In a recent book review, Jerry Coyne, professor of ecology and evolution at the University of Chicago, admitted that the secular worldview of macroevolution (the development of complex life from “simpler” forms) is at odds with Christian faith. Creation scientists have been saying this for decades: Darwinism is not merely science, but a God-rejecting belief system that directly opposes the events recorded in Scripture. This is plainly seen from the stark contrast between the Bible’s assertion “In the beginning, God,” and secular science’s counter “In the beginning, hydrogen.”1
Dr. Coyne is remarkably inclusive in his exclusion of the faithful from the realms of legitimate science:
I am not claiming that all faith is incompatible with science and secular reason….But the vast majority of the faithful—those 90 percent of Americans who believe in a personal God, most Muslims, Jews, and Hindus, and adherents to hundreds of other faiths—fall into the “incompatible” category.2
Coyne said that the “disharmony” between faith and science (which he definitively links with Darwinism) is “a dirty little secret in scientific circles. It is in our personal and professional interest to proclaim that science and religion are perfectly harmonious.” Why would secular scientists who are so opposed to the biblical worldview resort to pretending that Christian faith and evolution are compatible? Coyne provided reasons.
After all, we want our grants funded by the government, and our schoolchildren exposed to real science instead of creationism. Liberal religious people have been important allies in our struggle against creationism, and it is not pleasant to alienate them by declaring how we feel. This is why, as a tactical matter, groups such as the National Academy of Sciences claim that religion and science do not conflict. But their main evidence—the existence of religious scientists—is wearing thin as scientists grow ever more vociferous about their lack of faith.2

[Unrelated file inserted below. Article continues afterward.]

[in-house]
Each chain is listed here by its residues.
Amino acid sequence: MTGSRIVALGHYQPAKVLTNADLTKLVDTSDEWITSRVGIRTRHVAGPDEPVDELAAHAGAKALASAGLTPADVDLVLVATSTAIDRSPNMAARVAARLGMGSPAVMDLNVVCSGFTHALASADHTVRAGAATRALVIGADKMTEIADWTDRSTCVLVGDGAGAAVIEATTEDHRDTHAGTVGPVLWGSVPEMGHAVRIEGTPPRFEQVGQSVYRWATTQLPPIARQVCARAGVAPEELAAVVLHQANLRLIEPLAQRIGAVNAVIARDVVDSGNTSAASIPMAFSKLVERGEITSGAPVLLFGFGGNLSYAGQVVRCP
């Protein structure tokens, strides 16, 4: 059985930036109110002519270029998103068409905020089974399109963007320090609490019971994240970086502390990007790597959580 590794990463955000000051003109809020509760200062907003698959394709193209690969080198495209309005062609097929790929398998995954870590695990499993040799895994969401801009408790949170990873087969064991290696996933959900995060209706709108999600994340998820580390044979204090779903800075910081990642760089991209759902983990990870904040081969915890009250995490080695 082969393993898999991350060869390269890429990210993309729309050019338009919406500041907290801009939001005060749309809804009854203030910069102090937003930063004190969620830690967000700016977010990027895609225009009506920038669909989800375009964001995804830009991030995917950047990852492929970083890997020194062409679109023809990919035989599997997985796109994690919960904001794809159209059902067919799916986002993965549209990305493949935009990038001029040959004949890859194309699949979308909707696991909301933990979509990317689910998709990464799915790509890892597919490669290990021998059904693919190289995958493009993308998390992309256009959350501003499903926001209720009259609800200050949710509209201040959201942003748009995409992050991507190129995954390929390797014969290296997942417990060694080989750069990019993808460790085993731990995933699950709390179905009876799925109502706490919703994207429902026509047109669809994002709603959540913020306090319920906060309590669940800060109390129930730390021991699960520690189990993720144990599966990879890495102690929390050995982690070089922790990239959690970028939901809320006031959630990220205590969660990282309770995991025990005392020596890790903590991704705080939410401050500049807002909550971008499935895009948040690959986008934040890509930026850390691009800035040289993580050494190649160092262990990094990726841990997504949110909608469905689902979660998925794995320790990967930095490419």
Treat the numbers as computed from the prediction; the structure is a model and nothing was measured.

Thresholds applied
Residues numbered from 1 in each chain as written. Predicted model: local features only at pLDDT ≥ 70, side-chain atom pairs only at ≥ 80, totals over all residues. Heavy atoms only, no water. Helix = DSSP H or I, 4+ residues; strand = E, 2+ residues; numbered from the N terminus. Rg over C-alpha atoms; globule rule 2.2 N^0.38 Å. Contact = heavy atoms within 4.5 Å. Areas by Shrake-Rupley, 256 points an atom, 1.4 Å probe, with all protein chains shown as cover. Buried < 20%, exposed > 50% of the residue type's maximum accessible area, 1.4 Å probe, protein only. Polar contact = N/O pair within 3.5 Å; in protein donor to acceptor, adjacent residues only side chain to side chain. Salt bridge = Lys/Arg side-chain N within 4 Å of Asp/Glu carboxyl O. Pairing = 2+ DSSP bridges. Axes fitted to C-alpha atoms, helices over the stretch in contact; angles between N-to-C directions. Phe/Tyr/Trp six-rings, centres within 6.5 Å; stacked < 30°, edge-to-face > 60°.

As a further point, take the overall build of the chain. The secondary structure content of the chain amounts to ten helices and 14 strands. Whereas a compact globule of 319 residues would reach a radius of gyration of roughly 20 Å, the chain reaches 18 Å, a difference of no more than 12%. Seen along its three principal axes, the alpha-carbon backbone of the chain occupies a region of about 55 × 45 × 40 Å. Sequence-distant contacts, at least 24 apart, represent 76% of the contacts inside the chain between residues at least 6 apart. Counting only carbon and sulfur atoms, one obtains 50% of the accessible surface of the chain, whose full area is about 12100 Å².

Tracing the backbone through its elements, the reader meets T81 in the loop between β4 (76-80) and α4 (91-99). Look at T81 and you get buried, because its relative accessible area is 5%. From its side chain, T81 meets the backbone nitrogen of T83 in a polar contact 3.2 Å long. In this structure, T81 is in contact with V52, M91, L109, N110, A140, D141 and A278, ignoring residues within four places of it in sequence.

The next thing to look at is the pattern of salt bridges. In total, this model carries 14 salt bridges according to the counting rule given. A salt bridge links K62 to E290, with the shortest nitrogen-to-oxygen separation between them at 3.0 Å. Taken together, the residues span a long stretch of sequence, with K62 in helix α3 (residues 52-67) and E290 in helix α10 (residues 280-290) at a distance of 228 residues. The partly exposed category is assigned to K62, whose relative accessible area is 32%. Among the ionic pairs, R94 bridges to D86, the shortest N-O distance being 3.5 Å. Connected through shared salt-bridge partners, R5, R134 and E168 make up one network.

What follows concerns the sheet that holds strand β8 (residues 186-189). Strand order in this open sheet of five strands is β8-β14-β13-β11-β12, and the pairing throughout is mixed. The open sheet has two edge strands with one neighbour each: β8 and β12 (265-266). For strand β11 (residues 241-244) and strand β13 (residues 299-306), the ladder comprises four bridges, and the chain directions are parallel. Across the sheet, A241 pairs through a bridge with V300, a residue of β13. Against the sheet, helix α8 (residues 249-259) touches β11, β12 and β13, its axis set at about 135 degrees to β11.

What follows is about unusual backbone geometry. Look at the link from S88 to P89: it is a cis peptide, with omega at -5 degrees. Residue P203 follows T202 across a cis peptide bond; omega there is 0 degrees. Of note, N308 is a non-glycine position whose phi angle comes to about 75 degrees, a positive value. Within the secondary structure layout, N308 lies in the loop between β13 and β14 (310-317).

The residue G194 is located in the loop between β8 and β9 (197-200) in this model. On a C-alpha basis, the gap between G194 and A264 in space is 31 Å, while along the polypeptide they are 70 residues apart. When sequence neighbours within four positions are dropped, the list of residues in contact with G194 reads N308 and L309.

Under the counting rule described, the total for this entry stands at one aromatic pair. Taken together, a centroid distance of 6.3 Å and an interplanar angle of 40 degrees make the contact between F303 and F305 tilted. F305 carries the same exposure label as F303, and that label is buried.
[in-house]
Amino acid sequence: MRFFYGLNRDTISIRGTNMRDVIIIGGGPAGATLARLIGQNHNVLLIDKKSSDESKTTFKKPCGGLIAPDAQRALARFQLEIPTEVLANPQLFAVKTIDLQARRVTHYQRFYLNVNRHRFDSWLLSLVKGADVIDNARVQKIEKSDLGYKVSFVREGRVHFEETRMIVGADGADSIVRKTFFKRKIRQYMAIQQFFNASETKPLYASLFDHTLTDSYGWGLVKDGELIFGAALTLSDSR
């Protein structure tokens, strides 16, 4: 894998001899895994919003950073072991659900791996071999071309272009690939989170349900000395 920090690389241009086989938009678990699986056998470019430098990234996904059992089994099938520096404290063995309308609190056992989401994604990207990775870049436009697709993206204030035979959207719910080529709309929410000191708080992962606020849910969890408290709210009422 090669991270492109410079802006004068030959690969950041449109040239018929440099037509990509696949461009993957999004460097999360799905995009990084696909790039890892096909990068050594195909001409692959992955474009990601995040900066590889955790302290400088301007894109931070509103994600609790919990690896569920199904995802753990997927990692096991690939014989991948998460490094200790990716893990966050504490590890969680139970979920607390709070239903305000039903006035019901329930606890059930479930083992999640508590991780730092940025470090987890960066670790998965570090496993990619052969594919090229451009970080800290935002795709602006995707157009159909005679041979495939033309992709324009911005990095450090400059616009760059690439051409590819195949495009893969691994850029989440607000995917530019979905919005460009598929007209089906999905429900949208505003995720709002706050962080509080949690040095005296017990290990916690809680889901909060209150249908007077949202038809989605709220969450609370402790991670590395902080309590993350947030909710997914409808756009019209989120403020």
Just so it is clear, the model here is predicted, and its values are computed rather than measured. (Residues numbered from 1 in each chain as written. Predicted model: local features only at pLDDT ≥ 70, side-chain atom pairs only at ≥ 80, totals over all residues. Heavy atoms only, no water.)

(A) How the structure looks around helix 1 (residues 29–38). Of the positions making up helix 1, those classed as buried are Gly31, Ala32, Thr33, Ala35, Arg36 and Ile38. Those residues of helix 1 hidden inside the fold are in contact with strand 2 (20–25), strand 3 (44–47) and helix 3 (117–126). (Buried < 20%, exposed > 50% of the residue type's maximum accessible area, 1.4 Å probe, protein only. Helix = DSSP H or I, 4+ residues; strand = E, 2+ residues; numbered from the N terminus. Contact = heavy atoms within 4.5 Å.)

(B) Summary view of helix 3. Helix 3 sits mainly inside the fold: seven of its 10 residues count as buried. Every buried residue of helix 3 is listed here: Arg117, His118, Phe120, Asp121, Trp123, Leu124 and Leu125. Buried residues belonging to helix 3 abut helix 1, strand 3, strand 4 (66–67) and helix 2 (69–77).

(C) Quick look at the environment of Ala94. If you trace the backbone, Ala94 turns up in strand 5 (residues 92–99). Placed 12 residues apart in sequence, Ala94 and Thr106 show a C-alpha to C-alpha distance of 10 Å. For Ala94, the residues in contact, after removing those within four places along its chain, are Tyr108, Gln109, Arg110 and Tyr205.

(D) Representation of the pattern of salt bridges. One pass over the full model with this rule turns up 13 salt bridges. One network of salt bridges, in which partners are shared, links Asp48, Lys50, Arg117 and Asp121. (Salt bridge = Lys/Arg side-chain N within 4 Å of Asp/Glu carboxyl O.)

Thus, Coyne considers those “religious” people who don’t really believe Genesis as history to be allies, having used them as an effective tactic in his “struggle against creationism.” In fact, he calls the straightforward acceptance of Scripture “the most primitive of JudeoChristian sensibilities.” Given his aggressive hostility to matters of faith, can there be any doubt that these issues of origins—creation or evolution—are fundamentally spiritual, and not purely scientific, in nature?
There certainly are many in the scientific community who are increasingly outspoken regarding their lack of faith in God. However, others—like creation scientists—are open to objectively following the scientific evidence, even when it points to a Creator, such as a Nobel Prize winner who said, “Somehow intelligence must have been involved in the laws of the universe.”3
Indeed, even the late L. Harrison Matthews, FRS, an evolutionary biologist like Coyne, said:
The fact of evolution is the backbone of biology, and biology is thus in the peculiar position of being a science founded on an unproved theory—is it then a science or a faith? Belief in the theory of evolution is thus exactly parallel to belief in special creation—both are concepts which believers know to be true but neither, up to the present, has been capable of proof.4
Although 100 percent empirical proof is unattainable for either faith in God or faith in no God, the evidence in favor of creation is certainly beyond reasonable doubt.5 Because the discoveries from real, operational science are remarkably consistent with biblical revelation, an understanding of God’s Word stands only to gain from science. Spread the news that the truth has finally been openly admitted by an evolutionary scientist: Darwinism contradicts Christianity. Not only is macroevolution irrelevant to science, it is antithetical to a true faith in God.
- Morris, H. 1995. In the Beginning, Hydrogen. Acts & Facts. 24 (3).
- Coyne, J. A. Seeing and Believing. The New Republic. Posted on tnr.com February 4, 2009.
- Begley, S. Science Finds God. Newsweek, July 20, 1998, 48.
- Matthews, L. H. 1971. Introduction. In Darwin, C. Origin of Species. London: J.M. Dent & Sons, Ltd., ix.
- Gish, D. 1981. Summary of Scientific Evidence for Creation (Part I & II). Acts & Facts. 10 (5).
* Mr. Sherwin is Senior Science Lecturer at the Institute for Creation Research.
Article posted on March 20, 2009.